Impaired Ability to Recognize Facial Expressions is Linked to Sleep Deprivation

A study out of the University of Arizona Psychology Department found that a rough night’s sleep may impair your ability to read the room when it comes to facial expressions.

Published in Neurobiology of Sleep and Circadian Rhythms, the research reported that participants who were sleep deprived had a harder time recognizing happy and sad facial expressions than those who were well rested.

However, it is notable that sleep-deprived participants did not show any impairment in recognizing other emotional facial expressions like anger, surprise, fear, and disgust.  That may be because those expressions and emotions are more primitive, and they are wired differently in our brains to help us survive dangers.

Research was led by the UA professor of psychology, psychiatry, and medical imaging, Dr. William D.S. Killgore.

Social emotions like sadness and happiness do not indicate threat like anger and fear do, so they are emotions that are not as necessary for immediate survival.  When we are sleep deprived, we are more likely to dedicate all resources to recognizing only things that put us in immediate danger.

Dr. Killgore notes that even when you are sleep deprived, you should still be able to identify when someone is trying to harm you.  In that kind of situation, being able to read whether someone is happy or sad is not that important, so social emotions are put on the backburner when your body is trying to fight the effects of exhaustion.

Dr. Killgore collected data from previous research that focused on how sleep deprivation affects emotional, social, and moral judgements.

Fifty-four people were analyzed in this study.  They each were shown a photograph of the same man’s face expressing different degrees of emotions like sadness, anger, fear, happiness, disgust, and surprise.  The participants then had to determine which of those emotions was being expressed on the man’s face.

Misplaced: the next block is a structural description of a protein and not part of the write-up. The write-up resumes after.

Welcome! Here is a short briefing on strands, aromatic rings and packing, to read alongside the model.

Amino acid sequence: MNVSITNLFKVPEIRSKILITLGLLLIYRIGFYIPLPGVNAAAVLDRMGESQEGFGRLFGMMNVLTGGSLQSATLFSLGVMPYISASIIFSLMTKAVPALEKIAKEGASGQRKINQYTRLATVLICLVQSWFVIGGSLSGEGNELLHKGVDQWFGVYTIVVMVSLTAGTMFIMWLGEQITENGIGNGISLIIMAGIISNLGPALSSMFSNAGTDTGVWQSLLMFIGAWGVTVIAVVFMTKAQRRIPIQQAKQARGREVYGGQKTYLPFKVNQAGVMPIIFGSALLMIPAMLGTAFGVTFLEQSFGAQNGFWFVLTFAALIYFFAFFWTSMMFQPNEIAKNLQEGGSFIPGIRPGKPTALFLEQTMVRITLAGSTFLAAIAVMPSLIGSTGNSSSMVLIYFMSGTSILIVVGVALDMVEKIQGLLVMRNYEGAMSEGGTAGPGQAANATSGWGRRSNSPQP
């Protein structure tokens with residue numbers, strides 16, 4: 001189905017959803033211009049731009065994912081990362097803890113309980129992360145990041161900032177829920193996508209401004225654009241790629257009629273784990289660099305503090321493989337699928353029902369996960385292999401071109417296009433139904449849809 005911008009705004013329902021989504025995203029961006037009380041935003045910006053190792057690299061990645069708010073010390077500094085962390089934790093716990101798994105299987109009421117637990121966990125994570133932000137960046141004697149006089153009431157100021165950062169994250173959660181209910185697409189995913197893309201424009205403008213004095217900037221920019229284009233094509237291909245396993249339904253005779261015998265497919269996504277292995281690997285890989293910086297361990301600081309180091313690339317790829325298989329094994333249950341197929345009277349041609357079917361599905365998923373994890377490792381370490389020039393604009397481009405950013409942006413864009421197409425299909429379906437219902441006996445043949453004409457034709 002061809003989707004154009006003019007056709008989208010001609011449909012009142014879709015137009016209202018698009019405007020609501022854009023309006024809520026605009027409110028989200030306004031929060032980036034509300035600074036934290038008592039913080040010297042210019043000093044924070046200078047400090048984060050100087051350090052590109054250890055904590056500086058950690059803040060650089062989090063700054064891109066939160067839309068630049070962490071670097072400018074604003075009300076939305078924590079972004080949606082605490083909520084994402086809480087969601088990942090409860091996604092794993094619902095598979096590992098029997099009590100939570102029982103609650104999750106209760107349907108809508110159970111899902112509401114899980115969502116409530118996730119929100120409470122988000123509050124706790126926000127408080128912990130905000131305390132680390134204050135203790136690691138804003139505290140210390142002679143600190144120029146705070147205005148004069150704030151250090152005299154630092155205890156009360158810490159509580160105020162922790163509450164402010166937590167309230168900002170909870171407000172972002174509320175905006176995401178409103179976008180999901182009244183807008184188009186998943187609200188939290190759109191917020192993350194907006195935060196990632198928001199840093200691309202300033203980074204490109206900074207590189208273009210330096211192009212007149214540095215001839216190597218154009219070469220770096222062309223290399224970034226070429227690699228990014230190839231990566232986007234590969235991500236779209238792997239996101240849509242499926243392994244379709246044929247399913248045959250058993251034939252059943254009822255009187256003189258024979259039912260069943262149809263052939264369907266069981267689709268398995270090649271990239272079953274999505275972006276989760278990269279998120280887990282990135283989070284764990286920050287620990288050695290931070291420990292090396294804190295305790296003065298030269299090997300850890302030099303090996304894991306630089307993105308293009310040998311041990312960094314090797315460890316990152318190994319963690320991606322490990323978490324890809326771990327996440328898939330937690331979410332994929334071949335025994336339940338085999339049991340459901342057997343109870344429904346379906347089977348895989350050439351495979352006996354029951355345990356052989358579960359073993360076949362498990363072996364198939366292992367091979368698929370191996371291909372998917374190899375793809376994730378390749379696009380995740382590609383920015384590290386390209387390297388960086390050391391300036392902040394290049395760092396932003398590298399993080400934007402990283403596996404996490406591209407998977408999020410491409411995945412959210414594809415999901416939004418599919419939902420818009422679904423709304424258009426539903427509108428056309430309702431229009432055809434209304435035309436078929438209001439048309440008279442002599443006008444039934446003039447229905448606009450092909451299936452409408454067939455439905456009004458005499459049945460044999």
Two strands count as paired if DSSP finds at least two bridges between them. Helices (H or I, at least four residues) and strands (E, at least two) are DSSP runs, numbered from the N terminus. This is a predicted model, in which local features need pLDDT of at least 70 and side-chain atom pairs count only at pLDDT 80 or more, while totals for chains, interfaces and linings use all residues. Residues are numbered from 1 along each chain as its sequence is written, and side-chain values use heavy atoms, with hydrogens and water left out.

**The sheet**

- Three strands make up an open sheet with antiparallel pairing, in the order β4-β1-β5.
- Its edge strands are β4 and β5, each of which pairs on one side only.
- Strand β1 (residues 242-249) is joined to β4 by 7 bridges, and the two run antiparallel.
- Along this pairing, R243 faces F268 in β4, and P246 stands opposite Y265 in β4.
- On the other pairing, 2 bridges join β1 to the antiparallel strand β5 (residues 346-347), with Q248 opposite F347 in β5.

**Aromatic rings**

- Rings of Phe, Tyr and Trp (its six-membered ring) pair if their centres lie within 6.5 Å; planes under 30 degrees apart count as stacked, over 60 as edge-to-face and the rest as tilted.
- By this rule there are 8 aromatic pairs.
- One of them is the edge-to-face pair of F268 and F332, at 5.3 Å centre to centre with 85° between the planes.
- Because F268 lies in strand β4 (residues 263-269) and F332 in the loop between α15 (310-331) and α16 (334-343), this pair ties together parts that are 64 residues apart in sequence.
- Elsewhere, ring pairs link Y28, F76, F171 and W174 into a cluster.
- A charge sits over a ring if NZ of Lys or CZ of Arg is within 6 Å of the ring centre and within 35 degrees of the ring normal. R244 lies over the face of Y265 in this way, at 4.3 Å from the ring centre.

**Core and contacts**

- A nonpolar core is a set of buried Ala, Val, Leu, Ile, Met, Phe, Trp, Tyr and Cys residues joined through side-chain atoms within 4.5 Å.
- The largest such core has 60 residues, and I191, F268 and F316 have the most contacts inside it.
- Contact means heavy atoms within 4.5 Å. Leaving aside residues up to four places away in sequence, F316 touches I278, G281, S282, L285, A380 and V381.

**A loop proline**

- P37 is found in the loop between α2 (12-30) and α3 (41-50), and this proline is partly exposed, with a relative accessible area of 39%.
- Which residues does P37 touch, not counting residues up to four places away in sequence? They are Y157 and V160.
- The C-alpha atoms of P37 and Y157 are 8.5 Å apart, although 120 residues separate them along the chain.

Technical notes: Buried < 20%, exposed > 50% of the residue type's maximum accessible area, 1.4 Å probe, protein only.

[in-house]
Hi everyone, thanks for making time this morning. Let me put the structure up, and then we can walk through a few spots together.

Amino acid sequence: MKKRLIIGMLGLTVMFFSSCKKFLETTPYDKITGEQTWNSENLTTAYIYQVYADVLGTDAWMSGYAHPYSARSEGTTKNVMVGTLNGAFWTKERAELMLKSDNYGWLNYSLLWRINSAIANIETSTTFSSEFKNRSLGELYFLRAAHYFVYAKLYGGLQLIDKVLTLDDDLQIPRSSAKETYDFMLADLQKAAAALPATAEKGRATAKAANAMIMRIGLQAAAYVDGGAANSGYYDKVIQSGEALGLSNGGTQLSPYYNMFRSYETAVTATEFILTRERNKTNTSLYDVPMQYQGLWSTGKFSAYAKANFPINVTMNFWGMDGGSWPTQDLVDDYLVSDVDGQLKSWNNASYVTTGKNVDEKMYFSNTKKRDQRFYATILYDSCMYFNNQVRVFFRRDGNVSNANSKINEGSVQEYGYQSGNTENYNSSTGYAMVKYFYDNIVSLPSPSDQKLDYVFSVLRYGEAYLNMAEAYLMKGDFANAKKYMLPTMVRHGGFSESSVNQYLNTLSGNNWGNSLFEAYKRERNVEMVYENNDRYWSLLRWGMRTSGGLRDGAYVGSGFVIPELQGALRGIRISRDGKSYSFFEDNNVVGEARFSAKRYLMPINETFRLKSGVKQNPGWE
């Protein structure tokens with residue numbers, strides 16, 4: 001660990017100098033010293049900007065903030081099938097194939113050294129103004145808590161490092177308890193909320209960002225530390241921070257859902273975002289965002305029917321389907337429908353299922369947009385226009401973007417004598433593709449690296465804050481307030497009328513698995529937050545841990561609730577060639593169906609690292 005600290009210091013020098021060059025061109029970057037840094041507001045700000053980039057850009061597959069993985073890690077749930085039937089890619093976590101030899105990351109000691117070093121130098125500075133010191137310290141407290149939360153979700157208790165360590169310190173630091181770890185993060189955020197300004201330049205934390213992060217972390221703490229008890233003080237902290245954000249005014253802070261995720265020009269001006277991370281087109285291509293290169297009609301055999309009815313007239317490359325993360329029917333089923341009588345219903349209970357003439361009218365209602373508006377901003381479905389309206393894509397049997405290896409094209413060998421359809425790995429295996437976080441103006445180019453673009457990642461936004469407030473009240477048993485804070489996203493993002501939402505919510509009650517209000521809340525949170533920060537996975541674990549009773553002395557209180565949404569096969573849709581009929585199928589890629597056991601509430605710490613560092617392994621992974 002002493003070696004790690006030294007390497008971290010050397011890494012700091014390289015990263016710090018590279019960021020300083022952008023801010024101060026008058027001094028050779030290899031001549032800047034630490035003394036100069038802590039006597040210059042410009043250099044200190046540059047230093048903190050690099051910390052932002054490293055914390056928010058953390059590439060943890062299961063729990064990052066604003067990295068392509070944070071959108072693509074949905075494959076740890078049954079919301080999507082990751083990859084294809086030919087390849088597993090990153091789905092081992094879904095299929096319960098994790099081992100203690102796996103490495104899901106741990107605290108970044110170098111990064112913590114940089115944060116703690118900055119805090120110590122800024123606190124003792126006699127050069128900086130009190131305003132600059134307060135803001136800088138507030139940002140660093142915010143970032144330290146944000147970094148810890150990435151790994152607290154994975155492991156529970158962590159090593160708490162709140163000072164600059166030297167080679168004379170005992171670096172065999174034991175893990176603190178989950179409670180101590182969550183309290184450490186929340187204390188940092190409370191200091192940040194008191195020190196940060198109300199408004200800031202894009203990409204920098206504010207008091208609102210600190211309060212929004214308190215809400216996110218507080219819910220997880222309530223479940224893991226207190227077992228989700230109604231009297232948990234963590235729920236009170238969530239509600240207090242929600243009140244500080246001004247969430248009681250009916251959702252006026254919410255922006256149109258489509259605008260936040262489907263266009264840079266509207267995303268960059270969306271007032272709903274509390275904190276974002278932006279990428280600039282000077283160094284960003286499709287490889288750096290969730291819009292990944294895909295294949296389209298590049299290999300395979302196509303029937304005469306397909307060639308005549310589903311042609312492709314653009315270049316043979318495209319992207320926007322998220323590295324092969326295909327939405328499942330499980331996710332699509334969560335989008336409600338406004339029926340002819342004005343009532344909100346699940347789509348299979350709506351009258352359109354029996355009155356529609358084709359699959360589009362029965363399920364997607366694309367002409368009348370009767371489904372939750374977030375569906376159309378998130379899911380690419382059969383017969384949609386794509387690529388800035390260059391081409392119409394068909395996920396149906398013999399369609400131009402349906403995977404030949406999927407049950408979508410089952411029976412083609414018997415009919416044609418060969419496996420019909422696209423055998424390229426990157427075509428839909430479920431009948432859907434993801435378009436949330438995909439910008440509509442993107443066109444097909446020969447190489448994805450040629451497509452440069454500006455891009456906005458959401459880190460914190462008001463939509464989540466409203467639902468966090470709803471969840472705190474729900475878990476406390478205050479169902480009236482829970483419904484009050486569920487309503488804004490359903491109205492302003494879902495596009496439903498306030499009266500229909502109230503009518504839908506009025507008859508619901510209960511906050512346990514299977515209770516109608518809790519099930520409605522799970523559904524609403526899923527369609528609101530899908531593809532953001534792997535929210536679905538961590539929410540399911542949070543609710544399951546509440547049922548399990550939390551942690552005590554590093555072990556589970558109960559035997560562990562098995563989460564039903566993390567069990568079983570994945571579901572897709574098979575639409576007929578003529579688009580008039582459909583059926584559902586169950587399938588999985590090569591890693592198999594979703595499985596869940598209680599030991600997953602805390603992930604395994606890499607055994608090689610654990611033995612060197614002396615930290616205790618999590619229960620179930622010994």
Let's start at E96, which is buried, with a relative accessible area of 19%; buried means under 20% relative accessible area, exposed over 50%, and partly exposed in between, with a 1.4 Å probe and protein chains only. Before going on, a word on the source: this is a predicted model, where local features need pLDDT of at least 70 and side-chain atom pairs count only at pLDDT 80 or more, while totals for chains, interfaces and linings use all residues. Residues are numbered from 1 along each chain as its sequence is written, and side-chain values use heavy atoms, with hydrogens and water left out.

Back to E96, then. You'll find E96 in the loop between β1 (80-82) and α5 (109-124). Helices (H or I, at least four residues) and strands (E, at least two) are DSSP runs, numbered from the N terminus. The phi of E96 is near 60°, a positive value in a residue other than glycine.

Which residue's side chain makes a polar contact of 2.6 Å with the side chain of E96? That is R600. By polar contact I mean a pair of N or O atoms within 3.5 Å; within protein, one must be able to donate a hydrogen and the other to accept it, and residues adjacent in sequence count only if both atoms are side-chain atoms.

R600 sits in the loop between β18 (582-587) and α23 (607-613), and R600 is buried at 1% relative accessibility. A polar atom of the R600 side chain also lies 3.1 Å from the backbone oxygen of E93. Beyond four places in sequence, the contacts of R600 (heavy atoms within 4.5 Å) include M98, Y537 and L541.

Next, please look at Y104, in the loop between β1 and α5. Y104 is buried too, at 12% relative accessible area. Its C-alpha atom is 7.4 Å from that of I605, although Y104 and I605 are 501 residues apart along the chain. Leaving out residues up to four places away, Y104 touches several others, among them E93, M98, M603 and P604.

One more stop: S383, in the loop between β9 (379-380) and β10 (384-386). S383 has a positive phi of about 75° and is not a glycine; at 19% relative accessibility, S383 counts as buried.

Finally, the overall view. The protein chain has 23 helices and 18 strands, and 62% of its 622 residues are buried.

The images were intentionally somewhat ambiguous, using commonly confused expressions that were morphed and modified by a computer program.  For example, one expression may have shown 30% surprise and 70% sadness.  This was done to analyze the participants’ ability to recognize more subtle expressions.  A total of 180 images of blended facial expressions were shown in each session.

The baseline response to the photographs when well-rested were compared to their responses after one night of sleep deprivation.

The more obvious facial expressions, like a frown or grin, could be identified without any problem, regardless of how much sleep that person got the night before; however, tired participants had a tough time recognizing subtle expressions of sadness and happiness, even though their ability to identify other emotions was not impaired.

After a good night’s sleep, the participants had no problems recognizing those sad and happy expressions, immediately returning to baseline level after recovery sleep.

The difference between the two was not as significant as some might hope; however, it is enough evidence to suggest that long-term sleep deprivation could have a significant effect on social interactions.

Dr. Killgore notes that in this society, most people are not able to get the recommended seven to eight hours of sleep each night, with the average being less than six hours of sleep.  This could impair the ability to read common emotions and, therefore, interfere with daily interactions.  For instance, you may respond inappropriately to a person who is sad because you thought they were angry.  Social emotions are uniquely human, so not being able to identify those in other people could lead to some serious complications in everyday life.  You would be unable to read what your spouse or partner needs from you as well.

This research was built onto the existing work focused on how sleep deprivation affects the brain’s prefrontal cortex, which is responsible for making decisions, judgements, and using emotions.

An earlier study from Harvard found that sleep deprivation causes a disconnect between the prefrontal cortex and the amygdala, which is the part of the brain that helps you respond to emotions.

Essentially, these two parts of the brain control emotions and help us recognize those expressions on others, and sleep deprivation causes them to lose their communication.  The point of this study was to test that theory from the Harvard study, and Dr. Killgore is confident that it does.


Rachael Herman is a professional writer with an extensive background in medical writing, research, and language development.


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